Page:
Religious authority is, partially, dependent on the ability to explain the human condition, the ways of the world. As religious institutions were increasingly supplanted by the new conditions of life created by technological change felt by everyday Europeans, they lost their explanatory ability. Which is to say, they lost their authority and trust amongst their adherents. The old narratives proffered by the church no longer seemed to reflect reality. The state’s (and that of the intellectual class) did. And in the instances where church leaders attempted to stay relevant by integrating new concepts of reality and the human situation into older forms of explanation, their attempts, in general, fell flat. Nothing becomes so dated so quickly as relevancy. And when relevancy is tethered to what has been deemed irrelevant at the outset, its expiration date arrives even faster.
The elimination of many rural (and urban) communities left to the state the duty of governing both public and private life, and then almost without rival. Increased dependence on the state was, therefore, predictable. This one organization came to administer law, education, professional licensing, medical assistance, insurance, retirement compensation, and protection. “Few institutions in the past,” said Black and Helmreich, “had claimed to meet so many of the needs of man in society as did the modern national state, and fewer yet had ever held the loyalty of its members by a stronger emotion than nationalism.” Not even the medieval church could claim such.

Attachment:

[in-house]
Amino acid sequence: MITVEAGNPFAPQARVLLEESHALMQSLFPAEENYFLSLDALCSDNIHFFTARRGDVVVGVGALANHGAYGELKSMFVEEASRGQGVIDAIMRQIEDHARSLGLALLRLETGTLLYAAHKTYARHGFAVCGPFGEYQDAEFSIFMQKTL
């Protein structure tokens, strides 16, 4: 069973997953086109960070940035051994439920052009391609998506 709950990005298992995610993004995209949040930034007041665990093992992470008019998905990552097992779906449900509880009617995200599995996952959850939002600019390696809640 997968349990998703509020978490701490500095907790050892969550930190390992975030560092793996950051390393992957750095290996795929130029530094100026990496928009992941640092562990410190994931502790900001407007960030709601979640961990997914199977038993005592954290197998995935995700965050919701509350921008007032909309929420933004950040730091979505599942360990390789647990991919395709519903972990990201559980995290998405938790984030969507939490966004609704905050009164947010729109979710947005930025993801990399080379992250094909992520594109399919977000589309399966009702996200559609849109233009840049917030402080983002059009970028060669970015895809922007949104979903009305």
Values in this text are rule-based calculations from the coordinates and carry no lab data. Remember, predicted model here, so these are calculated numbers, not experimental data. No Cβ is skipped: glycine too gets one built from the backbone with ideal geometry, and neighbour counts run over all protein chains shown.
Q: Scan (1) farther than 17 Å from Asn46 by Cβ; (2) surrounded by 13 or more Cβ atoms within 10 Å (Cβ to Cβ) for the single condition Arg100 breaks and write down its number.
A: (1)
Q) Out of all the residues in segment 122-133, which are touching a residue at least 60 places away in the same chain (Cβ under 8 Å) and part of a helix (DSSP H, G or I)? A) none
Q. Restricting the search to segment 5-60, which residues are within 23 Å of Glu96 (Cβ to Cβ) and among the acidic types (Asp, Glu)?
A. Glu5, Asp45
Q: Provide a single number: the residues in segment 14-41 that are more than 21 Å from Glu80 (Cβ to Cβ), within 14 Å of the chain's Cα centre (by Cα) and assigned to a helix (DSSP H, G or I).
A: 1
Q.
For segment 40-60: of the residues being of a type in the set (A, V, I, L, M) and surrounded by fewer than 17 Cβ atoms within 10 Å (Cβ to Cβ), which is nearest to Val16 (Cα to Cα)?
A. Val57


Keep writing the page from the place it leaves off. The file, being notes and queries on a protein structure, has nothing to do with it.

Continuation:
Religion and other commitments still held sway over people during this period. Indeed, as I recently discussed in an article at Modern Reformation, the 19th century was marked by a spiritual revival and renewed interest in the supernatural. But everywhere, when compared to the role of the national state, they were in relative retreat. Enthusiasm for the spiritual drifted toward decentralized religious expression (what Tara Burton in Strange Rites calls “remixed” religion, a sort of à la carte spiritualism). Intuitive religion, with a premium on personal, private expression flourished under the new conditions, but to the detriment of institutional religion. In truth, the spiritualism of the 19th century marks less a growth in religious fervor than it does a heavy aimlessness amongst communities that formerly leaned on religious institutions. New outlets for religious expression were created out of thin air almost because other, older options were no longer available or feasible. Allegiance to the state experienced just the opposite trajectory in the dynamic age. It underwent a period of stark consolidation and increased confidence, paternalistic trust.
The rise and dominance of the national state was not solely driven by material conditions, of course. Two competing ideologies came to prominence during the Dynamic Age that, in their own way, were conducive to increased reliance on the state. Both liberalism and socialism are ideologies of progress and liberation. In that sense, they stem from the same root convictions. Their difference in the 19th century relates to the class to which they appealed; their difference in the 20th century relates primarily to their application. It is to this that we will turn in the next installment of this series.